Speaking of the screen, the Razer Blade's 17.3-inch matte LCD display is exactly the same... but in the seven months since we reviewed the machine, the landscape has somewhat changed. Compared to a lot of the terrible screens we've seen on inexpensive thin-and-light laptops recently, the Blade's panel seems constrasty, colorful, crisp and clear, even if its viewing angles aren't quite as stellar as some IPS displays. It's an above-average panel, to be sure. On the flipside, though, it can't compete with the gorgeous, pixel-dense screens in the Asus Zenbook Prime or the MacBook Pro with Retina Display. Neither of those are really gaming machines, of course, but they both cost less than Razer's offering.
Razer has also spruced up the touchpad for round two, with deeper, clickier mouse buttons, improved Synaptics drivers, and a removable matte screen protector that improves the texture of the surface, too. The result? The Blade now has a perfectly serviceable pointing mechanism built right into the hardware. Two-finger scrolling doesn't always work flawlessly, but it's not bad, and I was actually able to play a couple levels of Max Payne 3 with only the touchpad and survived to tell the tale.
Unfortunately, the LCD screen underneath that touchpad, and its set of 10 dynamic tactile LCD keys, is still as much of a gimmick as it was six months ago. Razer tells us it has grand plans for the so-called Switchblade UI over the long haul: there's a software team at Razer building new apps, fleshing out a developer SDK, and even building a free content marketplace of sorts for the Blade and Razer's LCD-equipped keyboards.
The Switchblade UI is still as much of a gimmick as it was six months agoAs of today, though, there's not a lot to show. You still get a fairly useful digital numpad, an on-the-fly macro recorder and a new screenshot capture tool, but most of the functionality relies on a tiny hamstrung version of Internet Explorer that's supposed to give you access to websites, Facebook, Twitter, and Gmail. Problem is, it's still really difficult to tap on your selections with any degree of accuracy, as the screen always seems to want to scroll up and down rather than execute a command. You'll also need to painstakingly navigate to your desired website every single time you use the LCD interface, because there are no bookmarks, and you'll need to log into your Facebook, Gmail and Twitter accounts every time you restart the laptop, because the Blade won't remember them. It's far easier to just pull out a smartphone. On the plus side, the Switchblade UI no longer fails if you put it into sleep mode or leave the laptop idle.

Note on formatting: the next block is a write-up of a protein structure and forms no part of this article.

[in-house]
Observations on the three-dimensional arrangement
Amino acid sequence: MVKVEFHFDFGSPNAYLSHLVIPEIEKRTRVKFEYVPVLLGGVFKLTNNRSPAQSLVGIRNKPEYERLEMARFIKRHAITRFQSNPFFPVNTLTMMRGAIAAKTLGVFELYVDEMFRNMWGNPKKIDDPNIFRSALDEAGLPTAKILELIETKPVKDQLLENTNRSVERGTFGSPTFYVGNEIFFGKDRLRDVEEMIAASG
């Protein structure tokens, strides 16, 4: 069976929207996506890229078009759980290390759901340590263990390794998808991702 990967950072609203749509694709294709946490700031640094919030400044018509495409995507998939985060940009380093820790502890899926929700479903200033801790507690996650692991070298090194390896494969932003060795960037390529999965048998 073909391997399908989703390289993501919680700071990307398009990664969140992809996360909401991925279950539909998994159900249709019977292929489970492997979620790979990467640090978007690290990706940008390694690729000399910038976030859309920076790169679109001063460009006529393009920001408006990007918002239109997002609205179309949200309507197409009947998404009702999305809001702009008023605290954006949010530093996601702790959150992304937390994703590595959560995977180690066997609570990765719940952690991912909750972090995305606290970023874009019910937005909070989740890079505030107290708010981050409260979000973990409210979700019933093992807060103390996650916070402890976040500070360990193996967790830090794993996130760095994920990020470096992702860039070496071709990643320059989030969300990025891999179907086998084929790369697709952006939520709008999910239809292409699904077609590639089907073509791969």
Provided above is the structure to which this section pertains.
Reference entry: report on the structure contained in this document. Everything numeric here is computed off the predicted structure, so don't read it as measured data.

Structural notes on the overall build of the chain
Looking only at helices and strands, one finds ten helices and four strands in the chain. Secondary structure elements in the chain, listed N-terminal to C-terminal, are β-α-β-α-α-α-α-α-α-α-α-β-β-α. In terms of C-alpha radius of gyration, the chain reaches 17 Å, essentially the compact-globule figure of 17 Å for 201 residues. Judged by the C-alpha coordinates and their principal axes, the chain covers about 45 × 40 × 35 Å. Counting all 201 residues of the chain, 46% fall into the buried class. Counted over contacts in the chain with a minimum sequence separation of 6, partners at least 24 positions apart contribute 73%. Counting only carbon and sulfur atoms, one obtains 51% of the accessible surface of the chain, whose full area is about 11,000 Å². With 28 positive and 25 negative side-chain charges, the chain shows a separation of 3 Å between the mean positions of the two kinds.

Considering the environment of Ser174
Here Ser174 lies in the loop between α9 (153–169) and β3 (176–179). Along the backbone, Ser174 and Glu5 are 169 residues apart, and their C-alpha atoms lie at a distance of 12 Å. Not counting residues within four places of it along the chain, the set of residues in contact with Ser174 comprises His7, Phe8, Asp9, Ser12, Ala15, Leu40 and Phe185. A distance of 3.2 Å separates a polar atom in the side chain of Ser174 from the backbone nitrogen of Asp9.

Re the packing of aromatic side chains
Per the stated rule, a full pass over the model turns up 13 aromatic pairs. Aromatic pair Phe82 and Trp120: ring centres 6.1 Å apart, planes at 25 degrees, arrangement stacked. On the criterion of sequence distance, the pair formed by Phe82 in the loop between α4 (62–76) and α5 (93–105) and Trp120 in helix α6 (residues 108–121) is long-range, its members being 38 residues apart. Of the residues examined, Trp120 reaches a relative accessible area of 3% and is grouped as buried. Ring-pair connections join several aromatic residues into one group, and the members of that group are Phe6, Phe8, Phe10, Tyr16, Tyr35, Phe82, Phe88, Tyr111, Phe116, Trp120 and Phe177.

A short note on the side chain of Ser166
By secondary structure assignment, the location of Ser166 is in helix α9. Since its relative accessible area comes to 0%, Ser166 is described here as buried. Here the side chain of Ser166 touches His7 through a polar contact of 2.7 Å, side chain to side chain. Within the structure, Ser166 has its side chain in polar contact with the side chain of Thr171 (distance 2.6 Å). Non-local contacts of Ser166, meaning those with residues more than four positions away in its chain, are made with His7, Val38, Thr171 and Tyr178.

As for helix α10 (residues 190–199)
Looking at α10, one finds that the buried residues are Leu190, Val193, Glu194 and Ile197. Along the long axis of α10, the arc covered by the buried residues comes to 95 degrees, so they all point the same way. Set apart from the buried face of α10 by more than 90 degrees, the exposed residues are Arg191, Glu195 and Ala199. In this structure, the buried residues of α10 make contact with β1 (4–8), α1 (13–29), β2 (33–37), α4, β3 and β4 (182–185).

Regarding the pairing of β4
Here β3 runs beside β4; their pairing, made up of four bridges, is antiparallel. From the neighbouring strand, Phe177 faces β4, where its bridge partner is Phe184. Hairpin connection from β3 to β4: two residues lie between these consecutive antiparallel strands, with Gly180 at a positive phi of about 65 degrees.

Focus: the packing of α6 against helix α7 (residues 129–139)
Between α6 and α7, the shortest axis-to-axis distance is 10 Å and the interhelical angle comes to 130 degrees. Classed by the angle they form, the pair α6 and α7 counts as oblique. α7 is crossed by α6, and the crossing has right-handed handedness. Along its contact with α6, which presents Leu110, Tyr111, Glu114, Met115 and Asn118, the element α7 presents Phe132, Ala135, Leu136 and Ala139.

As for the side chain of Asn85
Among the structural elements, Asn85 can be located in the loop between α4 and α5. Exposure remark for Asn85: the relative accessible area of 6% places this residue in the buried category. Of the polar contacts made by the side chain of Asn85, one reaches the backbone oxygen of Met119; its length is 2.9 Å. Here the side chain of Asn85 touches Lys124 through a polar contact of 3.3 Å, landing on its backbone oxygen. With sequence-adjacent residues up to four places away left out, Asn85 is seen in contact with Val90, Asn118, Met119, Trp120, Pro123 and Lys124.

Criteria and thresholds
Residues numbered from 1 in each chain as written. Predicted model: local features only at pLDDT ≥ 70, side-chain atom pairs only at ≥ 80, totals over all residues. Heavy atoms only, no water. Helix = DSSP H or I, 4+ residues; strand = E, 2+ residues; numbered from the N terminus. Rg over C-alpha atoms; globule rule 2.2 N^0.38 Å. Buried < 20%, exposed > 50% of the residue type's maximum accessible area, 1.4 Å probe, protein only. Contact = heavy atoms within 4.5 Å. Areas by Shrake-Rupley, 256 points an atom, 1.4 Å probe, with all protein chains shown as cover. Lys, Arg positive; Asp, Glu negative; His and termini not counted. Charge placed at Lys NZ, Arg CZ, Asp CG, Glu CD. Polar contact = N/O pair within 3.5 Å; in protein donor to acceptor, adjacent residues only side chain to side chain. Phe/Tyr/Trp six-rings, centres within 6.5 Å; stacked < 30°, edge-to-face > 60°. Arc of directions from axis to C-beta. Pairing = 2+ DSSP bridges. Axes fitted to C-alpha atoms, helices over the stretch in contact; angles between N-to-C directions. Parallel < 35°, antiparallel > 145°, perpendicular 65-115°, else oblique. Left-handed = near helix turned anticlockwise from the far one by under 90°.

The Switchblade UI concept was originally supposed to deliver a set of LCD keys that would automatically, dynamically change their function to match your game. Razer insists such functionality will still arrive, but what we're seeing here is a far cry from that. Star Wars: The Old Republic has a combat logger, but generally compatibility with games like Battlefield 3 and Team Fortress 2 is limited to mapping those LCD keys to weapon and character select buttons, each with their own game-specific icon. If you want to play a Scout in Team Fortress 2, for instance, you can start up the Team Fortress 2 app, choose Scout, and then instead of tapping a number key to pull out your dented aluminum baseball bat, you can tap the little bat icon above the trackpad. You can easily make the same kind of "app" yourself, but having to manually create profiles for each game and execute them on your own makes the system feel less futuristic and more like an expensive set of macro buttons.